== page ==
The backbone of a successful dissertation is the literature review. This review provides the building blocks for the rest of the dissertation. The literature review consists of three phases: information gathering, note taking, and the actual document review. The first two phases—information gathering and note taking—are the subject of this blog. I tackle these two phases together because they work in tandem and really cannot be divorced from each other.
Information gathering does not begin until the candidate makes three basic decisions: (1) the subject of the dissertation and the related keywords that will be used when searching the internet and academic databases; (2) the method employed to gather the information; and (3) the type of literature review s/he will eventually conduct. The first decision, the subject and baseline keywords, are important because they will inform your searches for information. The subject is obviously your dissertation topic; the keywords are related words or phrases that may identify additional information. They will be added to and deleted from as your search progresses.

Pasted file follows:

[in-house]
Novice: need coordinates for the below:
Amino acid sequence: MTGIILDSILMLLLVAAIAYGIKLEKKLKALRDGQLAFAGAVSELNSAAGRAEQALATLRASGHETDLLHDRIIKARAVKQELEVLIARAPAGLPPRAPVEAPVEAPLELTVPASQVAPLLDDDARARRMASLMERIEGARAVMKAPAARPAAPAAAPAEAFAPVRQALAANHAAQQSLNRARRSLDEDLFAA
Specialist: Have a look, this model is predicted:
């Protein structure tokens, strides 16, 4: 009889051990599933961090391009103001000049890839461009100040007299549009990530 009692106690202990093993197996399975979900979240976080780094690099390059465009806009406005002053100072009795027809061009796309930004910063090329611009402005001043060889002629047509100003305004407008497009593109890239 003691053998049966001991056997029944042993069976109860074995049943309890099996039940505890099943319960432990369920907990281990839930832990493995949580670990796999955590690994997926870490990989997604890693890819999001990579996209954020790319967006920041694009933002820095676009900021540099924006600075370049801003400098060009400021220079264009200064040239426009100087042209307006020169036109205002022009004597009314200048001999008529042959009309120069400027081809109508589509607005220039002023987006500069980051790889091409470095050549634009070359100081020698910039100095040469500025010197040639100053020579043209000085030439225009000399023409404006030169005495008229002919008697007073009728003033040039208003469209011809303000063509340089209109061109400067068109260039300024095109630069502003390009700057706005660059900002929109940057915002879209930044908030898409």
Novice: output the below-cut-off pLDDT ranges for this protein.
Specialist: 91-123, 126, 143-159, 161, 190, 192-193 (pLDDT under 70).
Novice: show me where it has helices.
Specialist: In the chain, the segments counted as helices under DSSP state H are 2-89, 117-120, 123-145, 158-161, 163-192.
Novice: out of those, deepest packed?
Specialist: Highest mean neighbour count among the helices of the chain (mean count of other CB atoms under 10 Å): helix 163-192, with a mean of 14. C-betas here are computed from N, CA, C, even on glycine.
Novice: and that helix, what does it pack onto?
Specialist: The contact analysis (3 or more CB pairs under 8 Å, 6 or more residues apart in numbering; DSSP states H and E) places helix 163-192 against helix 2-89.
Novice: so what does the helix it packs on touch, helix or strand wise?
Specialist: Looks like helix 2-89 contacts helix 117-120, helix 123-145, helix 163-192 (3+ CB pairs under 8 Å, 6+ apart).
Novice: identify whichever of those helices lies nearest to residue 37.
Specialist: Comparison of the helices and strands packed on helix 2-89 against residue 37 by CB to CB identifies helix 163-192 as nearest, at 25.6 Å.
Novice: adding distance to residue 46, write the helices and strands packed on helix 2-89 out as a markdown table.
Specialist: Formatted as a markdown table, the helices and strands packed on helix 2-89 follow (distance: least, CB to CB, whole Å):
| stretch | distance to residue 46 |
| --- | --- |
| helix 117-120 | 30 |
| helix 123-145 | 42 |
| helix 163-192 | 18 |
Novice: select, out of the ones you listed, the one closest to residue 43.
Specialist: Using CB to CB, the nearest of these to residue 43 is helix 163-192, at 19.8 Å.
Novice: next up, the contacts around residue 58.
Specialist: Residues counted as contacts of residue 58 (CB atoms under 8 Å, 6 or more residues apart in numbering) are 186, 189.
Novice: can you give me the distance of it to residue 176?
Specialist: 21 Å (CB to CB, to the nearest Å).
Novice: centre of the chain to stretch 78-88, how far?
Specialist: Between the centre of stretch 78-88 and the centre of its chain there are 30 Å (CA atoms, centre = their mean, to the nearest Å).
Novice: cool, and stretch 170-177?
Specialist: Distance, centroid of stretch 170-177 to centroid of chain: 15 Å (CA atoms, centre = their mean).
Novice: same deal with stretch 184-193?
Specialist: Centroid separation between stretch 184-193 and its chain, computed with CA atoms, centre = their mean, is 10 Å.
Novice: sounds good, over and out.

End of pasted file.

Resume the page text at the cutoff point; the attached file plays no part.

The second decision—the search method to be employed—must be specified so that you do not cover the same ground over-and-over again. I learned it is helpful to view your search as a dartboard. Each successive concentric circle represents a more targeted search until you finally hit the bull’s-eye. The keywords identified earlier will help you get to the bull’s-eye. Part of this decision is selecting the physical tools you will use to take notes. Will you use computer software such as iAnnotate, Endnotes, or Zotera? Or will you take notes by hand? If you take notes by hand, will you use note cards, research journals, legal pads, binders or some other physical tool? And how are you going to structure your notes? Will you use outlines, draw pictures, map relationships or use a methodology such as the Cornell Method of note taking?
The third decision is a determination of the type of literature review you will be conducting. This is ascertained, in part, by the dissertation topic. For example, are you conducting a qualitative, quantitative, or mixed methods study? Are you focusing on a specified methodology or something broader? Depending on the answers to these questions, your literature review will be broad, narrow, or somewhere in between. The results of and answers to the decisions and questions, respectively, will set the stage for your actual information gathering process. In my next blog post we will delve deeper into the information gathering and note taking phases. Until then...